Book Reviews · 12/04/2017

Behind the Eyes We Meet by Mélissa Verault

Translated by Arielle Aaronson

QC Fiction, 2017

Appearing this month in English translation, Mélissa Verault’s 2014 novel Behind the Eyes We Meet (originally L’Angoisse du poisson rouge) unfolds as three major overlapping stories, spanning the present-day Plateau neighborhood of Montreal to the Russian labor camps active during the Second World War, to a small Italian town of both yesteryear and today. Throughout this journey, we meet a cast of misfits and dreamers, among them Sergio, an Italian prisoner of war; his bride Luisa, who waits patiently and writes letters while he recovers from tuberculosis in a sanitorium; their grandson Fabio, who immigrates to Montreal looking for more opportunity in the film industry; and Manue, a young graphic artist with a penchant for strange misadventure.

When her goldfish Hector mysteriously goes missing, Manue embarks on a quest to find him, hanging flyers around the neighborhood without much hope of recovering her valued companion. Along the way she runs into Fabio, with posters advertising a found cat. This moment of serendipity has all the makings of a meet-cute — “A fish lost, a cat found” — and the instantaneous connection between the two is played out in chaste whimsy rather than fiery romance.

The book’s construction contributes significantly to the enjoyable reading experience. The story is told in a series of short vignettes, each chapter taking part in a linear whole, while also forming its own moment in time, anchored by a singular image or occurrence. Reflecting Fabio’s filmmaking aspirations, the narrative style is distinctly cinematic, relying on meaningful imagery and dialogue.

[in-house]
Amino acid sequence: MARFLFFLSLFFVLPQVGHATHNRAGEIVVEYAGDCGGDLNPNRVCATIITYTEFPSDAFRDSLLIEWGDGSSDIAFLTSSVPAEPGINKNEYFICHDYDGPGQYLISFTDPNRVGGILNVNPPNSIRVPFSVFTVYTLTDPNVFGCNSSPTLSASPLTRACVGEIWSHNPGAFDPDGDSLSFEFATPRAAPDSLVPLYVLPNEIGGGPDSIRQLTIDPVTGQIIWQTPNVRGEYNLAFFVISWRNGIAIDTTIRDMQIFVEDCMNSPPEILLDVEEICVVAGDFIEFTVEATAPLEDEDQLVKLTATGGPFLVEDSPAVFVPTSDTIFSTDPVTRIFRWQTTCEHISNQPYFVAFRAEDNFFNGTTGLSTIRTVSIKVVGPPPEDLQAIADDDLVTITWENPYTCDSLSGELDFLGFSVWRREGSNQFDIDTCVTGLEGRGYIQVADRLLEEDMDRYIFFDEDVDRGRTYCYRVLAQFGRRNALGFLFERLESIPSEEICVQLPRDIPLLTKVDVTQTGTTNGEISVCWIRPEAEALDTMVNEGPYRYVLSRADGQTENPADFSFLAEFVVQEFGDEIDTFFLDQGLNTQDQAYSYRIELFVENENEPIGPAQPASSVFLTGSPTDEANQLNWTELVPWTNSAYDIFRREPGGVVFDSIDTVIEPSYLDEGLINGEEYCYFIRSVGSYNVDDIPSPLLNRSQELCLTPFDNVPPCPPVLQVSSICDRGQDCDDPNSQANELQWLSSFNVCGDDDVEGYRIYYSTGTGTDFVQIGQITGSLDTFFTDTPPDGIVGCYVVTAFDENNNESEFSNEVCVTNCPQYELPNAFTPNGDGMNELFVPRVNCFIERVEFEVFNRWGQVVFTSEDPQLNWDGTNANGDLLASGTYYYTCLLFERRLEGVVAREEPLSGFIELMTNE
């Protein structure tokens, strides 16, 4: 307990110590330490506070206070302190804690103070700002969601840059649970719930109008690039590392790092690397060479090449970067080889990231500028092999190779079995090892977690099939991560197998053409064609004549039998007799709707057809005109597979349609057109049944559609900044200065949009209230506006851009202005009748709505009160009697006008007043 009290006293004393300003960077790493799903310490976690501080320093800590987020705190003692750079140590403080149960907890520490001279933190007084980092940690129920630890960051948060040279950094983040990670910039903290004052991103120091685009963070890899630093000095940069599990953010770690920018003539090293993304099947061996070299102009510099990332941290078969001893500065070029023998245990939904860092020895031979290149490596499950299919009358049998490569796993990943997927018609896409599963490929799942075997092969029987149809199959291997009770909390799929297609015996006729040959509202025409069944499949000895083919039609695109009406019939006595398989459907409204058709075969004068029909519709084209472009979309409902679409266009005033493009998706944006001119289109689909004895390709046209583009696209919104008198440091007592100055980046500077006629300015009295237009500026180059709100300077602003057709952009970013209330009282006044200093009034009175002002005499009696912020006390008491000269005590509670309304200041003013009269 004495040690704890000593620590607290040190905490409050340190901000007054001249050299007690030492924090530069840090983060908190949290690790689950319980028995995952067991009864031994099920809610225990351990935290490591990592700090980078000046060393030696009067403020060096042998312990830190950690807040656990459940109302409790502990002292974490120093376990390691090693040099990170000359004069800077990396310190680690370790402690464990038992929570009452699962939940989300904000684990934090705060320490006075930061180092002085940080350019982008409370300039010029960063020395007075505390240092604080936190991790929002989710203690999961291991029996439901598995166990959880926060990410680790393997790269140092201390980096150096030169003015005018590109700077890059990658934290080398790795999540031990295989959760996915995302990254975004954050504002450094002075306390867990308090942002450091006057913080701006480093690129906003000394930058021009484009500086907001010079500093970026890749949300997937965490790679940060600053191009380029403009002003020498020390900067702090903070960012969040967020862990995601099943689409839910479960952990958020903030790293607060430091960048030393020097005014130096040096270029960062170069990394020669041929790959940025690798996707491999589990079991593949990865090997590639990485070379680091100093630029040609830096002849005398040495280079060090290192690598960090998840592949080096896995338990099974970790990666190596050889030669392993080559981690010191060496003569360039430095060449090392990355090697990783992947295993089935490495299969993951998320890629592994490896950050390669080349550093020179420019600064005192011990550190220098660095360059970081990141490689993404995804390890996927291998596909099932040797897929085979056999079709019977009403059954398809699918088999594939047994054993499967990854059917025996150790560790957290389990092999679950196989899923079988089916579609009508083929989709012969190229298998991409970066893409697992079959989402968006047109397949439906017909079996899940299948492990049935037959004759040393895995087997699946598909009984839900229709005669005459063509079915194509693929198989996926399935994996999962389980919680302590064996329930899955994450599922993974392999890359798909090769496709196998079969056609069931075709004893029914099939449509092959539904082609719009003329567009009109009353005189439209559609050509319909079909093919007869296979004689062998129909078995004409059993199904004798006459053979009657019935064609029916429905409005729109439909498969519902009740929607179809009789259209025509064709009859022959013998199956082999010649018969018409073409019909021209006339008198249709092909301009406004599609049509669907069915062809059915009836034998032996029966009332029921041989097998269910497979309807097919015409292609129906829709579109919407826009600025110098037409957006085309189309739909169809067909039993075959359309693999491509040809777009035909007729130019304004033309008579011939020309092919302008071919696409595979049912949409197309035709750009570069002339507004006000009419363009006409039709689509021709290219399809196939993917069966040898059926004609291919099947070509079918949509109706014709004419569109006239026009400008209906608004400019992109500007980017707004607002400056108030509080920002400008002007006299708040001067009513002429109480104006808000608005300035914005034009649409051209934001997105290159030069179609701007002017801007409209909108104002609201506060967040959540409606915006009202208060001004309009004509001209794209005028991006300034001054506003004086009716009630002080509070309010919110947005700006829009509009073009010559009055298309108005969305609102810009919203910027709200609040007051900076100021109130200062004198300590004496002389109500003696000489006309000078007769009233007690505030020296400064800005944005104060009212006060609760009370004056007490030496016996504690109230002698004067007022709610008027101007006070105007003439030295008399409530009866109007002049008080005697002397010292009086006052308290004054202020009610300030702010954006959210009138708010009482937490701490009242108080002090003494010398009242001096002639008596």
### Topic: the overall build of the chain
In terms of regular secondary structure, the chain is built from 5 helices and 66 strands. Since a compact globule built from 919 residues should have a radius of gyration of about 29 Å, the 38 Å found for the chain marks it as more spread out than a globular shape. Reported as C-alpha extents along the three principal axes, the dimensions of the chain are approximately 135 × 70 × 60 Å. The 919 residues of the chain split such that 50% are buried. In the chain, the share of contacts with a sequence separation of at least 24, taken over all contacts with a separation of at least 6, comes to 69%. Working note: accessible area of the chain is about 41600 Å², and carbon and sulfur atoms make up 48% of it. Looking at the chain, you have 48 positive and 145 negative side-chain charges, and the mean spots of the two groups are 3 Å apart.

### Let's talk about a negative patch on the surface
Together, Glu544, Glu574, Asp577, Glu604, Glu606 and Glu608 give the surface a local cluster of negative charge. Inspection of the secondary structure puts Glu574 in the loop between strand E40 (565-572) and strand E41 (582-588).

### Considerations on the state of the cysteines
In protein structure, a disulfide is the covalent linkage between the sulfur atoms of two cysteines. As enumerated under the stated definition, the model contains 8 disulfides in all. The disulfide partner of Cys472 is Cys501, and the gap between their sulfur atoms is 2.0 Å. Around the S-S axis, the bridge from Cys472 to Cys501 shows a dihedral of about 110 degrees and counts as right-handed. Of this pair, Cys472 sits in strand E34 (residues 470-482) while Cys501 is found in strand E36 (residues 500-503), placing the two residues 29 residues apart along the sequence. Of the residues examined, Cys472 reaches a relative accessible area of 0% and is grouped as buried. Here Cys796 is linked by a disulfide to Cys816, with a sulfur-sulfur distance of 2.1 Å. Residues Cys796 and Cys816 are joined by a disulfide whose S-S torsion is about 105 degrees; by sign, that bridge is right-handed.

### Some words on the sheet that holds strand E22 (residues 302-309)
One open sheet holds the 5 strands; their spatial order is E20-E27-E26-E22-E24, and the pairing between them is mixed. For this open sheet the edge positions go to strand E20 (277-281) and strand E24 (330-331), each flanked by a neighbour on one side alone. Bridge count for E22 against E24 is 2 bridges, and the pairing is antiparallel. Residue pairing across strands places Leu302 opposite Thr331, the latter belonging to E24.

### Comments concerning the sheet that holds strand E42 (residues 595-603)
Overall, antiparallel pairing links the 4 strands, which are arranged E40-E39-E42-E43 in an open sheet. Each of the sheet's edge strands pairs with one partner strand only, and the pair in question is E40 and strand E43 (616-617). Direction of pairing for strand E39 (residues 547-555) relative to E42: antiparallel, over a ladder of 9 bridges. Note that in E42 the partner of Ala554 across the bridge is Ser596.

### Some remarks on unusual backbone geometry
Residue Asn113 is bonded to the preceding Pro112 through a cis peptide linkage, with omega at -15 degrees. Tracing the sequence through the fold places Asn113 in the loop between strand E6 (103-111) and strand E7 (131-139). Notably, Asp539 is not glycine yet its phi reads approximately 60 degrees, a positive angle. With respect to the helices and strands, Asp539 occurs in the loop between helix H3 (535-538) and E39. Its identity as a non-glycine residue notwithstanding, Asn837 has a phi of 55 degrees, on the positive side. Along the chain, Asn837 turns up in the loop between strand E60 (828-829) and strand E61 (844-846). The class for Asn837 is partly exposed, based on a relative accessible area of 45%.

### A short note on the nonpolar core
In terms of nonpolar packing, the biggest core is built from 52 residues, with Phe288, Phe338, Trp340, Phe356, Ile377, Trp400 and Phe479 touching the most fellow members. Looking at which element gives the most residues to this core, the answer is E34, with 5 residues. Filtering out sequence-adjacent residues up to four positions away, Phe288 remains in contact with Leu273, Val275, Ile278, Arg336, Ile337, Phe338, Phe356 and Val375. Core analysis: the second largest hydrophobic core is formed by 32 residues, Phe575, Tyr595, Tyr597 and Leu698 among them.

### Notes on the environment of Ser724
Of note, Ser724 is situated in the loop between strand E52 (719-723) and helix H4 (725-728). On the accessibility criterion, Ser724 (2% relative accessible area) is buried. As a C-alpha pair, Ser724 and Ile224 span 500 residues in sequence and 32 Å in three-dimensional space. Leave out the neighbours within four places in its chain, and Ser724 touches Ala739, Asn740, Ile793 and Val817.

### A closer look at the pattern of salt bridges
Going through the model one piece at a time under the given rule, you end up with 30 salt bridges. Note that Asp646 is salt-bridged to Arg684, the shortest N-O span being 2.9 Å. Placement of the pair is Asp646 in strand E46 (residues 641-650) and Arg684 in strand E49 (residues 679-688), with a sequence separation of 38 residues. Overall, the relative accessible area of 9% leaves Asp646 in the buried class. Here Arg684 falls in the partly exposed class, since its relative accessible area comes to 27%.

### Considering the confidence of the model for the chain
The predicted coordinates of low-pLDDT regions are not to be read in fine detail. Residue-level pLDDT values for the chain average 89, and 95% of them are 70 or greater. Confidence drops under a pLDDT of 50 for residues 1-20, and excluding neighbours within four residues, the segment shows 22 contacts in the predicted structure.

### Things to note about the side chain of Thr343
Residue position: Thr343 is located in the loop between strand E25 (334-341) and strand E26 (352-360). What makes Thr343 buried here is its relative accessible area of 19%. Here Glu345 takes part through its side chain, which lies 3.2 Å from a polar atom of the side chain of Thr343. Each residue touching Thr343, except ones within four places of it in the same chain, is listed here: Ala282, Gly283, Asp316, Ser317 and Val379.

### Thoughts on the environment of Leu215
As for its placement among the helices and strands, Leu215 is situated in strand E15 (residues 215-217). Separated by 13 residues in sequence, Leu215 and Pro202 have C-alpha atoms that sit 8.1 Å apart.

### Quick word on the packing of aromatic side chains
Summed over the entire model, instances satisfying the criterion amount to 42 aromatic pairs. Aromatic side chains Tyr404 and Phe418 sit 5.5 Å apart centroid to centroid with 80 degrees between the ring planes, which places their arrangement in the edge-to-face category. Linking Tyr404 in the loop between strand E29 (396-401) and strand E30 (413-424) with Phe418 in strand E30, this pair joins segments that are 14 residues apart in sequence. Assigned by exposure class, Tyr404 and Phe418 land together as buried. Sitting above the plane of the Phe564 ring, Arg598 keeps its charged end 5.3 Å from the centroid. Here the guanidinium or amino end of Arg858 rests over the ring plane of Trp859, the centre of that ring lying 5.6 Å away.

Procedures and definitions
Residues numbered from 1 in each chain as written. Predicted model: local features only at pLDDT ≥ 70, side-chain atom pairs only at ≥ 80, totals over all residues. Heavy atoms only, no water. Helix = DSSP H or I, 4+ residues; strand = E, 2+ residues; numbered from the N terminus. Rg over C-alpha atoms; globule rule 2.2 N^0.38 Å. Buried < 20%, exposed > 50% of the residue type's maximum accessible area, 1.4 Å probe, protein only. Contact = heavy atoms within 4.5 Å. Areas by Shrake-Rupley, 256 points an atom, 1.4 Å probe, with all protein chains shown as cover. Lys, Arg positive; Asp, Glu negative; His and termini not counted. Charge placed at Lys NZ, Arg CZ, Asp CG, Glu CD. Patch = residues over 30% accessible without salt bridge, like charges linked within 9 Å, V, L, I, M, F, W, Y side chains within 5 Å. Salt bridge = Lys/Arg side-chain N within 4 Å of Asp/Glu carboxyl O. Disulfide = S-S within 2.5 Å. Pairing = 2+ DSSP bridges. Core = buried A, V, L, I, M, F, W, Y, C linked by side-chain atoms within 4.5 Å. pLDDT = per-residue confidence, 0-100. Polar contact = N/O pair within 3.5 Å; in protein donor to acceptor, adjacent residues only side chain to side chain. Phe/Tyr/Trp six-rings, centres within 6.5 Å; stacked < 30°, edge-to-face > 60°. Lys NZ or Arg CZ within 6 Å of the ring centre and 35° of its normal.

In some ways, it is a Montreal story par excellence, not only because it so lovingly evokes certain immediately recognizable people and locales, but also because it allows itself to get caught up in the hazy wandering and happenstance that make up the art of living here. The book also feels particularly true to the character of the city in that its focus is drawn toward those who move from elsewhere, bringing the weight of their history with them. Montreal, if nothing else, is a city of transplanted individuals whose stories blend, slowly but surely, into the collective experience. As Fabio concludes, “That’s precisely it. I love Montreal, I’m happy here, I’d like to make a life in this city, but I’ll never feel completely at home… I’ll live half out of suitcases, half out of the space I’ve been granted, the space I’ll never own.”

After Fabio abruptly goes back to Italy for his grandfather’s funeral, and then returns even more abruptly to Manue, the book cuts to Sergio’s memories of his time as a prisoner of war. Captured by Russian forces in 1942, he survives five years in the camps, and returns home a witness to unfathomable atrocities. Yet even safely arrived, he sustains a feeling of continual threat, for, as he reflects, “That would have been easier: eliminate everyone the war had touched in any way so it could never be discussed again. Erase the unwelcome memory by wiping out the people who had lived through it.” His very existence — and, more concretely, his choice to write to his grandson about his time as a prisoner of war — acts against this erasure.